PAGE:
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Entrepreneurship

21 October 2014

When venture capital meets quinoa 

The microfinance industry, which makes low-value loans to self-employed people and owners of very small businesses to enable their purchase of productive assets, is usually associated with farmers in emerging countries in Asia, Africa and Latin America. Venture capitalists, by contrast, tend to be looking for the next Google, Facebook or Skype in Silicon Valley or Europe.

Geneva-based Impact Finance, which makes loans averaging $560,000 to small businesses, mostly in the agricultural and food processing industries, is somewhere in the middle.

According to Benjamin Firmenich, one of the firm’s three partners, they aim to reproduce the success of debt funds in lending to smaller companies.

Impact Finance’s role goes beyond pure financial support and includes boosting the production capacity and market access of small producers. Using a tool they developed in-house called the Kharmax Impact Monitoring System, the partners measure projects against criteria including working conditions, respect for human rights, environmental impact and good governance.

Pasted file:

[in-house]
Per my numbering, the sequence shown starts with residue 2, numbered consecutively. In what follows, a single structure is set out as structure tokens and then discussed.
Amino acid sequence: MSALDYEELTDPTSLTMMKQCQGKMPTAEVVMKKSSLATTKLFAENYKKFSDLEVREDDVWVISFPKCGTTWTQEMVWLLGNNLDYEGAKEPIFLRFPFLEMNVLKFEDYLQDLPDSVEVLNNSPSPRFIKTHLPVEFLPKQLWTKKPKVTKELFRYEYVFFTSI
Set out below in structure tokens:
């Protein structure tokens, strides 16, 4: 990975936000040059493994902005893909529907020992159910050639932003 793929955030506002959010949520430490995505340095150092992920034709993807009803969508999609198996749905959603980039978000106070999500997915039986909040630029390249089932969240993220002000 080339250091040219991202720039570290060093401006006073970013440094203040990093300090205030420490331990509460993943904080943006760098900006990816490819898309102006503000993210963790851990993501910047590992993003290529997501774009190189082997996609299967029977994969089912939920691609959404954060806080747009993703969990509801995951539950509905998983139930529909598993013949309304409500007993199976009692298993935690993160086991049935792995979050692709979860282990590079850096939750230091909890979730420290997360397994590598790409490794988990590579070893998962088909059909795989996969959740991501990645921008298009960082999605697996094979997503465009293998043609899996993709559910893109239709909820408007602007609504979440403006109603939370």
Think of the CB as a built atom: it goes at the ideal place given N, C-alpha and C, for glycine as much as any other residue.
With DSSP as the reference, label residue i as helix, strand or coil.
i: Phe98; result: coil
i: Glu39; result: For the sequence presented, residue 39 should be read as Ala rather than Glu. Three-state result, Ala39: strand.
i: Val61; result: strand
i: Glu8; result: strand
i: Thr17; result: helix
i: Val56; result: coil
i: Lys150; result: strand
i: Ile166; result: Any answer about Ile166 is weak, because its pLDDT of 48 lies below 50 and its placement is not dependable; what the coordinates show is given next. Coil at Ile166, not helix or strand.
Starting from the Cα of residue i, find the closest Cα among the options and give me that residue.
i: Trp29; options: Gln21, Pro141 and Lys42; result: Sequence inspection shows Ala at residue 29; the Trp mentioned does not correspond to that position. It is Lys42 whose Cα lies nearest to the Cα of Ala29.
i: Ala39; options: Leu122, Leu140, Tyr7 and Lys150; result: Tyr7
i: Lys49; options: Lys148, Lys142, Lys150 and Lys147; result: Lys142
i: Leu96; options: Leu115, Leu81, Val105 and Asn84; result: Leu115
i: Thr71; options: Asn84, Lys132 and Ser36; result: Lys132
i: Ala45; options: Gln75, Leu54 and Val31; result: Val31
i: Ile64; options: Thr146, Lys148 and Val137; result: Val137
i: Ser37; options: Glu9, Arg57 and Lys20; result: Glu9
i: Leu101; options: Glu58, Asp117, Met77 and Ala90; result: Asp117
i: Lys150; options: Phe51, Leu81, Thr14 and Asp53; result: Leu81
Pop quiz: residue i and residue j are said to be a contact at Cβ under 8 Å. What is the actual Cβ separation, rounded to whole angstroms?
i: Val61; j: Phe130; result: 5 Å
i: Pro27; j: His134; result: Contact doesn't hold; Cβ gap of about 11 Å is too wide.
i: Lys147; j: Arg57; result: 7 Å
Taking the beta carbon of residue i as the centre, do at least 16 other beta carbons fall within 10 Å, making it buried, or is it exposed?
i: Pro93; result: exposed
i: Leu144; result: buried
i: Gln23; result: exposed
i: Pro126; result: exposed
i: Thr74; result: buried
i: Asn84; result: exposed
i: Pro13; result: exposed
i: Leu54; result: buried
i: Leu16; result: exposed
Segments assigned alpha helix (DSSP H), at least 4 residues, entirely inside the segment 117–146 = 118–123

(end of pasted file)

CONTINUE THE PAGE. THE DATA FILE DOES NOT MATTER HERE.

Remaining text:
Typical clients are Anka Food, founded by a Turkish-origin entrepreneur, which exports hazelnuts from more than 700 producers in Georgia around Europe; Boréal, a Geneva coffee roaster that buys beans directly from co-operatives in Latin America, Indonesia and Ethiopia; and Inagrofa, which trades in quinoa in Bolivia and Ecuador.

Firmenich says the firm’s philosophy is to return banking to its origins as a provider of entrepreneurial assistance extending well beyond finance. Set up three years ago, Impact Finance currently has $19 million in assets invested in the Luxembourg fund from which it distributes loans. With the support of a new institutional investor this year, its aim is to reach $35 million in 2015.